Campbell dismissed much of his opposition without a word. He did, however, occasionally print letters from those who differed with him. The strength of the opposition, nevertheless, forced Campbell to try to stave off the imminent division. Calling the present controversy merely the "politics" of Christianity, he wrote that he had no fear of division over organization because it was not of the "essence" of "soul-redeeming" power. "We are not disposed," he continued, "to schism, division, or even strife on any theoretical views of church organization or church government. 12 What Campbell was not admitting was that many of the Disciples considered the organization of the church a matter of "faith" and not a matter of "politics."
In February, 1849. Campbell began his third major series in the Millennial Harbinger on church organization. It consisted of only five articles, but it laid the foundation for an organization which would include churches from every state in the union.
"There is now heard from the East and from the West, from the North and from the South, Campbell wrote, one general, if not universal, call for a more efficient organization of our churches. Experience, then which there is not a more efficient teacher, decides and promulges that our present cooperative system is comparatively inefficient, and inadequate to the exegesis of the times and the cause we plead." 13
The theme of cooperation was no longer being limited to evangelism by Campbell. He had in mind an organization which would "bring all our energies to bear upon the church and the world." He argued that, if such an organization existed, the Disciples could carry everything before them. Without it they would lose rather than gain. 14 To expedite the establishment of the organization he was advocating, Campbell himself appointed a committee to answer two important questions: 1) "What shall be the form or character of our organization?" and, 2) "How shall it be established?" He asked that it submit a report for publication in the next number of the Harbinger. 15 In April, Campbell expressed dissatisfaction that his committee had met only once since its appointment in February. While its members were deliberating, he said, it was his intention to submit for their consideration his reflections on the matter. He was clearly going to lead in planning the organization and he was impatient. Though admitting "doubt" concerning scriptural premises on which to build a particular type organization, 16 he proceeded to argue that the whole issue was one of expediency. He said:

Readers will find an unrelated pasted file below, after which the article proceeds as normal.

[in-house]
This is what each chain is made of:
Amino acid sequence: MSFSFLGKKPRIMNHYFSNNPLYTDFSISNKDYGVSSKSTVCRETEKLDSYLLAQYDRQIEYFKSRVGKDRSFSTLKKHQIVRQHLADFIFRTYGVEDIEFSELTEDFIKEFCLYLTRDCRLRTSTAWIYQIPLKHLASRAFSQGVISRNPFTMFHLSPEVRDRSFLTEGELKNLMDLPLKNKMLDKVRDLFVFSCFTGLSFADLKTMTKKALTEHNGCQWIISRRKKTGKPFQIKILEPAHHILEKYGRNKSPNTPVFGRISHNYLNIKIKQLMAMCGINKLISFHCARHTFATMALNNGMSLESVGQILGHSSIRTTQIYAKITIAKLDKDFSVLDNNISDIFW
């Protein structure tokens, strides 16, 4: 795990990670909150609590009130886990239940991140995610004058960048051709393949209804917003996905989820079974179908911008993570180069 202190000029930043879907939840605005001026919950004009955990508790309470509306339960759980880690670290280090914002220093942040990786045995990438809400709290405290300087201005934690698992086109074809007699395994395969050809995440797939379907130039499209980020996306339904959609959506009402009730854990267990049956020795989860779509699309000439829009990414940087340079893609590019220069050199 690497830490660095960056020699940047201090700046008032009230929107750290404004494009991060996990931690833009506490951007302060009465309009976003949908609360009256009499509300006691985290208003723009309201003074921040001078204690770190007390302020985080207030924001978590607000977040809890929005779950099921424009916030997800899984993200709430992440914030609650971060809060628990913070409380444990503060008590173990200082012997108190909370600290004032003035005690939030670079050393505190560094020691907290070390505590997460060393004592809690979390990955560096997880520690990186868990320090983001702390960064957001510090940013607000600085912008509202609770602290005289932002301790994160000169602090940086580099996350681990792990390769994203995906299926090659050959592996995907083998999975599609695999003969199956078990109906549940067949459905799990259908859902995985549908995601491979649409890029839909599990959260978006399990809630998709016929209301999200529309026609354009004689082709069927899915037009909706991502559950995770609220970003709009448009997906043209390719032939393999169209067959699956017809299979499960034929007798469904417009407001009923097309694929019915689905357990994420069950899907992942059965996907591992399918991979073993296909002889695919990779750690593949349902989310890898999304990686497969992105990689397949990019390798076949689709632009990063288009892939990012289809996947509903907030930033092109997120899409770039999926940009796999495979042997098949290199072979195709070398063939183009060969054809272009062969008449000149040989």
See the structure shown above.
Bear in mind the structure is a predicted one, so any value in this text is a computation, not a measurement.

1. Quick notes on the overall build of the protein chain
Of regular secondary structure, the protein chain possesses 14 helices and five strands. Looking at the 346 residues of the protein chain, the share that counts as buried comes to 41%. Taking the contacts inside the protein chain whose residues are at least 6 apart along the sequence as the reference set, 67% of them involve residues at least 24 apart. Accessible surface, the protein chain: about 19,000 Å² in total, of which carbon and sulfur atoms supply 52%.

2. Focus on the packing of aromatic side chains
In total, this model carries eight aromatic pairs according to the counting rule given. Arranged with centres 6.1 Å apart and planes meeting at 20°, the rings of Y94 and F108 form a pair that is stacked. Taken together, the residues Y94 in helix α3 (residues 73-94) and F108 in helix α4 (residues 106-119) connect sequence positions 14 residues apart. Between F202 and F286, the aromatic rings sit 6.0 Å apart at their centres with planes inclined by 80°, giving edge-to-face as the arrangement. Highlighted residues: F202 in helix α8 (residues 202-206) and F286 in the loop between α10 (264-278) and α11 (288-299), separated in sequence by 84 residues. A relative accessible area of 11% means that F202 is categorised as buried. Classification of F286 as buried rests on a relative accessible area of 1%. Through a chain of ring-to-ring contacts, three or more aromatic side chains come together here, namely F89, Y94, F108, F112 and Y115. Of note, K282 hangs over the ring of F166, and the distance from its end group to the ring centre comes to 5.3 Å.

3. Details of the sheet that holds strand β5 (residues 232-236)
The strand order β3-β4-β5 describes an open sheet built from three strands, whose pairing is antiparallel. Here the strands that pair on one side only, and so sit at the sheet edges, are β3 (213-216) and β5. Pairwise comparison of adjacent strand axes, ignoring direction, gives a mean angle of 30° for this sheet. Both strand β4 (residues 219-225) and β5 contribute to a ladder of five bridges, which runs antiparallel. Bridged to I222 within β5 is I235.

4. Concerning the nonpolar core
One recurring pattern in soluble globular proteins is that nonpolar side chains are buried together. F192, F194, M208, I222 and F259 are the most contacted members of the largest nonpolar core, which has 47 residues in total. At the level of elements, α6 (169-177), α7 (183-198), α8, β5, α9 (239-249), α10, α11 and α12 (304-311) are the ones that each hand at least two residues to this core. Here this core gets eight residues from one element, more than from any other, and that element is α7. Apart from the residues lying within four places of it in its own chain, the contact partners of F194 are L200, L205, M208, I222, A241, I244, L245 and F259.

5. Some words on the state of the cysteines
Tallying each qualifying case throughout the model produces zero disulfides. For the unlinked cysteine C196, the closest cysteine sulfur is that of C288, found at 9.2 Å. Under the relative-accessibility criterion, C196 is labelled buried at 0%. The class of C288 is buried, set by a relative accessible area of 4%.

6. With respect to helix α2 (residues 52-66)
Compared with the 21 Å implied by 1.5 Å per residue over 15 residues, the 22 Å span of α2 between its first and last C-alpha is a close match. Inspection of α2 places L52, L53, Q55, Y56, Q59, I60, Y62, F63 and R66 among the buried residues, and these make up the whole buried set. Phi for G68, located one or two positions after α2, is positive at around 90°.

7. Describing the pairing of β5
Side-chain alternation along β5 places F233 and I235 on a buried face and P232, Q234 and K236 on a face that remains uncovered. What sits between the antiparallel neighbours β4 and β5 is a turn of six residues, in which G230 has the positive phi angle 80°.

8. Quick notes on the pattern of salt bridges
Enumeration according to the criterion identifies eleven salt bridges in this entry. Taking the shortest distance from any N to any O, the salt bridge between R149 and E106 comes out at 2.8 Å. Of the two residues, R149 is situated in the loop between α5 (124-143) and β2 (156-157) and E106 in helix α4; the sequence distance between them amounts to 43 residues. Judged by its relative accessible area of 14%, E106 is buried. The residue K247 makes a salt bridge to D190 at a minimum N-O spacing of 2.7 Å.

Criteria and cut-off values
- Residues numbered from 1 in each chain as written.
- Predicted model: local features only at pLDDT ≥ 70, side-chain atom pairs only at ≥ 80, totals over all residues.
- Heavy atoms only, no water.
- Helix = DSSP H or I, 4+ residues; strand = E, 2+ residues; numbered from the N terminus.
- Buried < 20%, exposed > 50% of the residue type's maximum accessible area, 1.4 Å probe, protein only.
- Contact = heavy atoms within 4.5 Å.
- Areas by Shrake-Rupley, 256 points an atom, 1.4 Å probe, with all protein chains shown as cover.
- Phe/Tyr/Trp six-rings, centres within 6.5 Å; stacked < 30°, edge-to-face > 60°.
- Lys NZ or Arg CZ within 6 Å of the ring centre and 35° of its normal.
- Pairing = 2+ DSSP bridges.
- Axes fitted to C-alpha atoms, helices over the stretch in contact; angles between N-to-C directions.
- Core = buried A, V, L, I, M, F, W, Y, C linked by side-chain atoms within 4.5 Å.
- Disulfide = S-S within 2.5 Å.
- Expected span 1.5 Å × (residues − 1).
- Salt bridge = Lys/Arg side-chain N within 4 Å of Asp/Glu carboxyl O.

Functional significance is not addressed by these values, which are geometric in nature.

"For my own part, I see no necessity for any positive Devine statutes in such matters...Hence the congregational or Baptist associational form of uniting and co-operating, when divested of those appendages, against which we remonstrated twenty-five years ago, is now and has always been, more acceptable to my views than any other form of co-operation in Christendom." 17
The work of the body Campbell proposed would be all-inclusive. He suggested that the organization be active in evangelistic missions, domestic and foreign Bible translation, religious literature production, and establishment and maintenance of moral and benevolent agencies. These different works covered all aspects of what Campbell considered the work of the church to be.18 The general organization, acting for the universal church, would also control the ordination of evangelists and other public functionaries. 19 Campbell was not simply advocating the establishment of a missionary society.
He was asking for central government to regulate all congregations in all their inter-congregational activities.
Footnotes 1. MH, New Series, VI (August, 1842), 379
2. MH, Series III, I (November, 1844), 527 3. MH, New Series, V (November, 1841), 532
4. lbid 5. MH, New Series, VI (February, 1842), 59-64
6. lbid 7. lbid
8. MH, New Series, VI (March, 1842), 133-37 9. MH, New Series, VI (August, 1842), 355-59
10. MIL Series III, I (January, 1844), 42-44 11. MH, New Series, VI (October, 1842), 434-35
12. lbid 13. MH, Series III, VI (February, 1849), 90-93
14. lbid 15. Ibed
16. MH, Series III, VI (April, 1849), 221 17. MH, Series III, VI (May, 1849), 269-71
18. MH, Series III, VI (May, 1849), 271-73 19. MH, Series III, VI (July, 1849), 405; MH, Series III, VI (August, 1849), 459-63